A boxcar moves with uniform velocity, and two lightning bolts strikes its ends, leaving marks (A’ and B’ on boxcar and A and B on ground). An observer at O’ moving with the boxcar is midway between A’ and B’ and an observer on the ground at O is midway between A and B. The events recorded by the observers are the striking of the boxcar by the two lightning bolts.
The light signals recording the instant at which the two bolts struck reach observer O at the same time. This observer realizes that the signals have traveled at the same speed over equal distances, and so concludes that event A and B occurred simultaneously. Now consider the same event as viewed by observer O’. By the time the signals have reached O, O’ has moved. Thus, the signal from B’ has already swept past O’, but the signal from A’ has not yet reached O’. O’ sees the signal from B’ before seeing the signal from A’. According to Einstein, the two observers must find that light travels at the same speed. Therefore, observer O’ concludes that the lightning struck the front before it struck the back. This thought experiment clearly demonstrates that the two events that appear to be simultaneous to observer O do not appear to be simultaneous to observer O’. They are both right even though they have different conclusions.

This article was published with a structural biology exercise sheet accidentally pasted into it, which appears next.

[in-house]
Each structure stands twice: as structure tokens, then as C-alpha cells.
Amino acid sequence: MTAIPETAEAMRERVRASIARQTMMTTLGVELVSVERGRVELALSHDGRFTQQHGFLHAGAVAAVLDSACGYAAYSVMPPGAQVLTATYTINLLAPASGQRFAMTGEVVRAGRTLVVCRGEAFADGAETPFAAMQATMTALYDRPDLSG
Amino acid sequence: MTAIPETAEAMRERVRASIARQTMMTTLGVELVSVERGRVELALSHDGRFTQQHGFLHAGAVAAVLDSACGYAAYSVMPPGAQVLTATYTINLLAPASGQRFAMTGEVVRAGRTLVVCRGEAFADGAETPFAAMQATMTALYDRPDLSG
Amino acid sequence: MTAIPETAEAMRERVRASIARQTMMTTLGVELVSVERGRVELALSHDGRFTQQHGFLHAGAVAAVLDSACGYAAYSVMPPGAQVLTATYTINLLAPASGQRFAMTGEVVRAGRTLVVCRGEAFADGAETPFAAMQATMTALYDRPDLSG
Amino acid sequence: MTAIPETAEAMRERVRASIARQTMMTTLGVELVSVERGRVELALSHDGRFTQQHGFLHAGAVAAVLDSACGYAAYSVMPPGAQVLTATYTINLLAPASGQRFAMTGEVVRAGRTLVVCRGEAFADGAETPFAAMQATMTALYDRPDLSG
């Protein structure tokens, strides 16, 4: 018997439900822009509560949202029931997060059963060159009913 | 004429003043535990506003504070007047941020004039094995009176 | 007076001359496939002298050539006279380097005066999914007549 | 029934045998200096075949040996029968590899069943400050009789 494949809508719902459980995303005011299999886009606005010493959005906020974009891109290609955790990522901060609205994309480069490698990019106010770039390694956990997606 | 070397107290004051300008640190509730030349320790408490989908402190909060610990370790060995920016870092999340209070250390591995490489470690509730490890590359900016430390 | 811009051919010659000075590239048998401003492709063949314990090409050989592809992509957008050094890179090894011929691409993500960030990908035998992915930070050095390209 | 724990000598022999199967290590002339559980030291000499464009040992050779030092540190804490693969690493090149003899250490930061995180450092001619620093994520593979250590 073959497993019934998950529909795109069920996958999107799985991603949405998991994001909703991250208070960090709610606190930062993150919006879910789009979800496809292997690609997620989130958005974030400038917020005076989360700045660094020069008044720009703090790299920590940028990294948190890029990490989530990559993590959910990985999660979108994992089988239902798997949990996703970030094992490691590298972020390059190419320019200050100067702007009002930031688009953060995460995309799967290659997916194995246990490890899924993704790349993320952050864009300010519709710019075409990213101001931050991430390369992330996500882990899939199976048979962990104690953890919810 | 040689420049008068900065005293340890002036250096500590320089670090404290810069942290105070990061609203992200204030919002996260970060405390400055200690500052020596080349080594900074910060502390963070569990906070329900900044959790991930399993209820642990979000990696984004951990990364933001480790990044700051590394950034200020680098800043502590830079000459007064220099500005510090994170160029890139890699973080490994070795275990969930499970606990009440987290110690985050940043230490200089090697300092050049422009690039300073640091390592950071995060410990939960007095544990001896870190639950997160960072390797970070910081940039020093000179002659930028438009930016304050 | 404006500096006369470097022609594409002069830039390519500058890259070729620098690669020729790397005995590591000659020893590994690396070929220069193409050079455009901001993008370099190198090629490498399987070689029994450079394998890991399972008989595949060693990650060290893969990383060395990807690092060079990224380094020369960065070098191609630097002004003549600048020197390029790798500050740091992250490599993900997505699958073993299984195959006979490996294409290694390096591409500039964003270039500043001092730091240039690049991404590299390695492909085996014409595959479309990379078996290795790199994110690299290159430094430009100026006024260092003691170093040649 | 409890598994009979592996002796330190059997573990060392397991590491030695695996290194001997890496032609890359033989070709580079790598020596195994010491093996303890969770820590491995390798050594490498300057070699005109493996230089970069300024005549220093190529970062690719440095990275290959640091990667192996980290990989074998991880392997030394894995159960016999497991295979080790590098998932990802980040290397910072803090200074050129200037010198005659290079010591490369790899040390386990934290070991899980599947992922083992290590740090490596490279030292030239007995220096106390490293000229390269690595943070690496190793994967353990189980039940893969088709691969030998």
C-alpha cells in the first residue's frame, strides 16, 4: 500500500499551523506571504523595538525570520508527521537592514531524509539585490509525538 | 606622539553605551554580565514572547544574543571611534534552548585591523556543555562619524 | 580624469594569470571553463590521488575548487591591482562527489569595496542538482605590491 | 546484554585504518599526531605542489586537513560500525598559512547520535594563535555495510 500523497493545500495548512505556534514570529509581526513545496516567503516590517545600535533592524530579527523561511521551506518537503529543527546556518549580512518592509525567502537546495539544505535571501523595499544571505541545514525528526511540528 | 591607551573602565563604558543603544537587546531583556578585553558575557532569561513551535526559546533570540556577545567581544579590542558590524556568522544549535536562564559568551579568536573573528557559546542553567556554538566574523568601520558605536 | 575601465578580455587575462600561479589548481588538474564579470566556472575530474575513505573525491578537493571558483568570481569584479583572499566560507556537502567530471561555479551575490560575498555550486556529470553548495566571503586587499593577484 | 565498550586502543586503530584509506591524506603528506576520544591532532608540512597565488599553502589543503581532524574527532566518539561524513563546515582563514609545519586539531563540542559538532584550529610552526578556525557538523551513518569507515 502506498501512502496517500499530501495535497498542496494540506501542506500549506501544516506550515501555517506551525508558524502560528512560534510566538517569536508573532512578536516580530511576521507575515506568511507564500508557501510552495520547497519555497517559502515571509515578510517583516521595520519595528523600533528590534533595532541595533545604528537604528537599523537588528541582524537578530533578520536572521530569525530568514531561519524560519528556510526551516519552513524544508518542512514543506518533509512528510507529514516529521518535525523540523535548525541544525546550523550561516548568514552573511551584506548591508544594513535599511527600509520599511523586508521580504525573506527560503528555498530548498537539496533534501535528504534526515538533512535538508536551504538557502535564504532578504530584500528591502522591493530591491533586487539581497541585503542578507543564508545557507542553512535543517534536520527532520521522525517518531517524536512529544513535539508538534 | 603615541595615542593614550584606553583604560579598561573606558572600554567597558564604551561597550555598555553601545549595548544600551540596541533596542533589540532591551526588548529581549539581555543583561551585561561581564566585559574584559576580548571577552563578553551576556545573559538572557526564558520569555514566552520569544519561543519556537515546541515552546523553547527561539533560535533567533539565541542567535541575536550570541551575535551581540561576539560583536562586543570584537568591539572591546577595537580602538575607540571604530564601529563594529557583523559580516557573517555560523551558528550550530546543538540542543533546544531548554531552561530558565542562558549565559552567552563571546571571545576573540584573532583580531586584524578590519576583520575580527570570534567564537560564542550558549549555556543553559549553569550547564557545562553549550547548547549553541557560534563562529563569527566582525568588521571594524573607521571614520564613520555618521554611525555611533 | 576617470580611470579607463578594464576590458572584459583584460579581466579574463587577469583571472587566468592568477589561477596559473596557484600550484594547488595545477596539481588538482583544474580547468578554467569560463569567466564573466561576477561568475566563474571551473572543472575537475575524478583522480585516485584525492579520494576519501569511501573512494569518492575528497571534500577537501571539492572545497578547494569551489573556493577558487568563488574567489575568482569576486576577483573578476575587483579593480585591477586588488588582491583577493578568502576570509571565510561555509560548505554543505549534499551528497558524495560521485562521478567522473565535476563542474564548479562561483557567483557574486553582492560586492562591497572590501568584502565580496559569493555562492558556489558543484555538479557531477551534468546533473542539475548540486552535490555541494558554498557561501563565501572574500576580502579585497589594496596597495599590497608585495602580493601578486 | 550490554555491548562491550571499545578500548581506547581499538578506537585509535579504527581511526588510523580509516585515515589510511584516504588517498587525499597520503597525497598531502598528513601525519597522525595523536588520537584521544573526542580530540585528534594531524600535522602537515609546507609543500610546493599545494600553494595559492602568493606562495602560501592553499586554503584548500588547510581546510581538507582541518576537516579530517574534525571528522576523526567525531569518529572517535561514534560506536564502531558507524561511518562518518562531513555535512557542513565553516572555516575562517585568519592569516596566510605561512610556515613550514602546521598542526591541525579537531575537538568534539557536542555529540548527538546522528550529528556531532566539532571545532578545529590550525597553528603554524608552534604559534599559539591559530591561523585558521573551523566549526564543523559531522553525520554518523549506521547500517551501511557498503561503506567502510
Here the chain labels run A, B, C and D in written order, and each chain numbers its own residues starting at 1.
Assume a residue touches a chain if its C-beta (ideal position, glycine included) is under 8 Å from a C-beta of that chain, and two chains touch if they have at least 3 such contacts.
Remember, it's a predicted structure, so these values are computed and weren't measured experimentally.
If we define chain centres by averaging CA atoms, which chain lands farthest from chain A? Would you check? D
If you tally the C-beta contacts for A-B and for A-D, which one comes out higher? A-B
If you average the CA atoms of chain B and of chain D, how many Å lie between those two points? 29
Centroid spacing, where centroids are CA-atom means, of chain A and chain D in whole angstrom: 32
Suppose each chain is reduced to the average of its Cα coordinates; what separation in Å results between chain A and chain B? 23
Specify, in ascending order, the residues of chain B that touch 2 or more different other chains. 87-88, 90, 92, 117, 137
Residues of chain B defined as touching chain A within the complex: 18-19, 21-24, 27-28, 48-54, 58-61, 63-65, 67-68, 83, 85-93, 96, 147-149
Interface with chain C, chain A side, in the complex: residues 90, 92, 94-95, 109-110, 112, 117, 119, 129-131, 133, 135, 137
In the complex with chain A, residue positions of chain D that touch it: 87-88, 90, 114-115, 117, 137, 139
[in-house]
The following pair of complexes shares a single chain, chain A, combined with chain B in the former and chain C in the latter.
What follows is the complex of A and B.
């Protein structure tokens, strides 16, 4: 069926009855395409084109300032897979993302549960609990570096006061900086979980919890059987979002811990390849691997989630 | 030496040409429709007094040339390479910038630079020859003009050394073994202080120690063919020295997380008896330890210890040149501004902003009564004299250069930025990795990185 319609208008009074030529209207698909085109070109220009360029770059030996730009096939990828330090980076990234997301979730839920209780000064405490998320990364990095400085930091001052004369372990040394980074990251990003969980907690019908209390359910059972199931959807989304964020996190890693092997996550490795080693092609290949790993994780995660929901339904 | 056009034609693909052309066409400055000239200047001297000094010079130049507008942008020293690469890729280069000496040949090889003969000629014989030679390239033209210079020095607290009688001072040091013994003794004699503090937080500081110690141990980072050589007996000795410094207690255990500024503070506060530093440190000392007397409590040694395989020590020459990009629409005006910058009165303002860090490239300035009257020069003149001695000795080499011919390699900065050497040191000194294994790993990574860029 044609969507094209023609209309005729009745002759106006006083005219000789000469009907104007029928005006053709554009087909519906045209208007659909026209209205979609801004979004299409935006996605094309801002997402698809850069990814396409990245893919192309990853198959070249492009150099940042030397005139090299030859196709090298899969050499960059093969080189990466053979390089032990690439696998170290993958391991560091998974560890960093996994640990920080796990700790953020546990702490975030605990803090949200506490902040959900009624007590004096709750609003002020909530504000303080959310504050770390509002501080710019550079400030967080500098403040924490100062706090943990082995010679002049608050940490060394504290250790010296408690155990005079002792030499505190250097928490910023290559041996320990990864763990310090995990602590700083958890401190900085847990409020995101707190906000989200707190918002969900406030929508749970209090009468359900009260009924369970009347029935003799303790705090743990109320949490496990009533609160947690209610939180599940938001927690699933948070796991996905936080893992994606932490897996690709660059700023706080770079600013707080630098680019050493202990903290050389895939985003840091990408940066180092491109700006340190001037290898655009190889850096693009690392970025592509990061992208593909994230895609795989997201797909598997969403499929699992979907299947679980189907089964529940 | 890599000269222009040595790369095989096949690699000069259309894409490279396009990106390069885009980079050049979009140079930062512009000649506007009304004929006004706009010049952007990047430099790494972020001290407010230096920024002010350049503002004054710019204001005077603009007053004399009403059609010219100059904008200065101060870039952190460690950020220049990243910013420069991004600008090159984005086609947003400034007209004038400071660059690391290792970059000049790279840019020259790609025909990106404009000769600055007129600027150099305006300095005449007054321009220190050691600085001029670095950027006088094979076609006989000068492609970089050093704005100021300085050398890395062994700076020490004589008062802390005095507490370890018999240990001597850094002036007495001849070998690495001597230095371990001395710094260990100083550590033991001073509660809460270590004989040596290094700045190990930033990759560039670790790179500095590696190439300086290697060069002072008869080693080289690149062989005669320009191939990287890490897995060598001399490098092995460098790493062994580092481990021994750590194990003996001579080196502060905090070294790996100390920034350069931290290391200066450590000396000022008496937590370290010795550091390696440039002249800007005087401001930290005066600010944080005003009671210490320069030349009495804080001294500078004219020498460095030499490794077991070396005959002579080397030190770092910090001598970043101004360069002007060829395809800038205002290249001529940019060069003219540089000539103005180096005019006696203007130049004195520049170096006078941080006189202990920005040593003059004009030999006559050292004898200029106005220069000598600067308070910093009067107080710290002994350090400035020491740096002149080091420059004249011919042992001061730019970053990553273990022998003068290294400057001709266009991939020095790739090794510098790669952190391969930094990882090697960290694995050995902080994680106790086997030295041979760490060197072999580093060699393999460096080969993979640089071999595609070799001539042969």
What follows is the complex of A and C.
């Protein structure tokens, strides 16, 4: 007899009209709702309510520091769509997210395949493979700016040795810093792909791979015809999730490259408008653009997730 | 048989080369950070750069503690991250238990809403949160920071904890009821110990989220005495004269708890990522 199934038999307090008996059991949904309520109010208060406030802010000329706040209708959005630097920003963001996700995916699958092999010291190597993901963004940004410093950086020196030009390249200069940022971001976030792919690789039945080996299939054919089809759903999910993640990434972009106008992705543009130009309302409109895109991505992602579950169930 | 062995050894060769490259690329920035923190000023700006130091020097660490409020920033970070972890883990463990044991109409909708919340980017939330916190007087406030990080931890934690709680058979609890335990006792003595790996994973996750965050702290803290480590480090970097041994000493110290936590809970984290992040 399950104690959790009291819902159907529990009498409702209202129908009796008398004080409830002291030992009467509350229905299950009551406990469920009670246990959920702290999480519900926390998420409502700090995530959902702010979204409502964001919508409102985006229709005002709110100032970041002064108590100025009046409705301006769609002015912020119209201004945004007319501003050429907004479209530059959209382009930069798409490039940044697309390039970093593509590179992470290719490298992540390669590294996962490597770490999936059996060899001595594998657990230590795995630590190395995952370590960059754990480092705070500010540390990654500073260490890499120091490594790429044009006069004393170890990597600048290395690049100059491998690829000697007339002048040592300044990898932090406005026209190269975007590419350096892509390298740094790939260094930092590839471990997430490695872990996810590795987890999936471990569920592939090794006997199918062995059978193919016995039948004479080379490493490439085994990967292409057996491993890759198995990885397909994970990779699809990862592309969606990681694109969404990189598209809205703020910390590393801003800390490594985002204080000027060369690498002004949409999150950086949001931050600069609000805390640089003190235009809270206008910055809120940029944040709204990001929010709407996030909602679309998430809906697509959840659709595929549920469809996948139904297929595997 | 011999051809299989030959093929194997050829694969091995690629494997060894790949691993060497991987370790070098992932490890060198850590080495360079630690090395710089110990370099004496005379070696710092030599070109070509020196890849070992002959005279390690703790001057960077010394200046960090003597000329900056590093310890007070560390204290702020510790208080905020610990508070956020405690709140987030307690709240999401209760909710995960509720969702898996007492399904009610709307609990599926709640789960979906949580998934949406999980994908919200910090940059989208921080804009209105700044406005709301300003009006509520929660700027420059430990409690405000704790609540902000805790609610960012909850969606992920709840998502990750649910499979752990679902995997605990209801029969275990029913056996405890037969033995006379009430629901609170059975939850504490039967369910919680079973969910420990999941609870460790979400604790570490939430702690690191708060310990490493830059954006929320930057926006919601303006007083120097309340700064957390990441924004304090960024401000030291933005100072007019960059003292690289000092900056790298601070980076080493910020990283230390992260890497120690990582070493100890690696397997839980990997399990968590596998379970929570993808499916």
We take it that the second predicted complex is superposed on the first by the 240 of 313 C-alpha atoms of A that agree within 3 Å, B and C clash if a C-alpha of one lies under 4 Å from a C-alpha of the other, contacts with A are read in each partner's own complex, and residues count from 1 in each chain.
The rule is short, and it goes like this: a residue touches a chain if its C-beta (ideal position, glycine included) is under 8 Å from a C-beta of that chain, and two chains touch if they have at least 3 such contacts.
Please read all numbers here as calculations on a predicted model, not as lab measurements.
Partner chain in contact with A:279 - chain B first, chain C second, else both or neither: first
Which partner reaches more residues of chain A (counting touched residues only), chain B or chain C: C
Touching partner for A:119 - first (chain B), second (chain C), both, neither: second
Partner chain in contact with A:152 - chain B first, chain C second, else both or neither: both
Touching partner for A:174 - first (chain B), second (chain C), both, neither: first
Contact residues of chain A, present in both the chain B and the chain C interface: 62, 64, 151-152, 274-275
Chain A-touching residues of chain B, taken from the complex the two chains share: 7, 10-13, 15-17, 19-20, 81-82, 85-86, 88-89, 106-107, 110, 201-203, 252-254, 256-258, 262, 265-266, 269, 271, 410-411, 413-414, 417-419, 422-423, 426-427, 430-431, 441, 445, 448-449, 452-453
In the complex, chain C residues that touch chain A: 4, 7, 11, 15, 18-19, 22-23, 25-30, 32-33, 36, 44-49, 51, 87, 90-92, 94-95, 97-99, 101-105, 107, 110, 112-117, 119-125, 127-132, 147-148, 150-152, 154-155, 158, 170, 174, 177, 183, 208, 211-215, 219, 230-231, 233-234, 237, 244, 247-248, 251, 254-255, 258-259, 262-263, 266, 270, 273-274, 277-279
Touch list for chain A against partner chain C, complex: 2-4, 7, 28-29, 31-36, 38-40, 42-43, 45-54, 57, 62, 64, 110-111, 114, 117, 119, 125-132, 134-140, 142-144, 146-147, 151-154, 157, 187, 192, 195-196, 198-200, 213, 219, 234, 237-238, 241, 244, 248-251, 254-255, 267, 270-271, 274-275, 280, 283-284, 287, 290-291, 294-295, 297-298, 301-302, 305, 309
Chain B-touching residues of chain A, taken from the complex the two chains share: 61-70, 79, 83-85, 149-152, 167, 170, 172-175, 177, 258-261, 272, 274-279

Two events that are simultaneous in one reference frame are in general not simultaneous in a second frame moving relative to the first. Simultaneity is not an absolute concept but rather one that depends on the state of motion of the observer.
Video explaining simultaneity: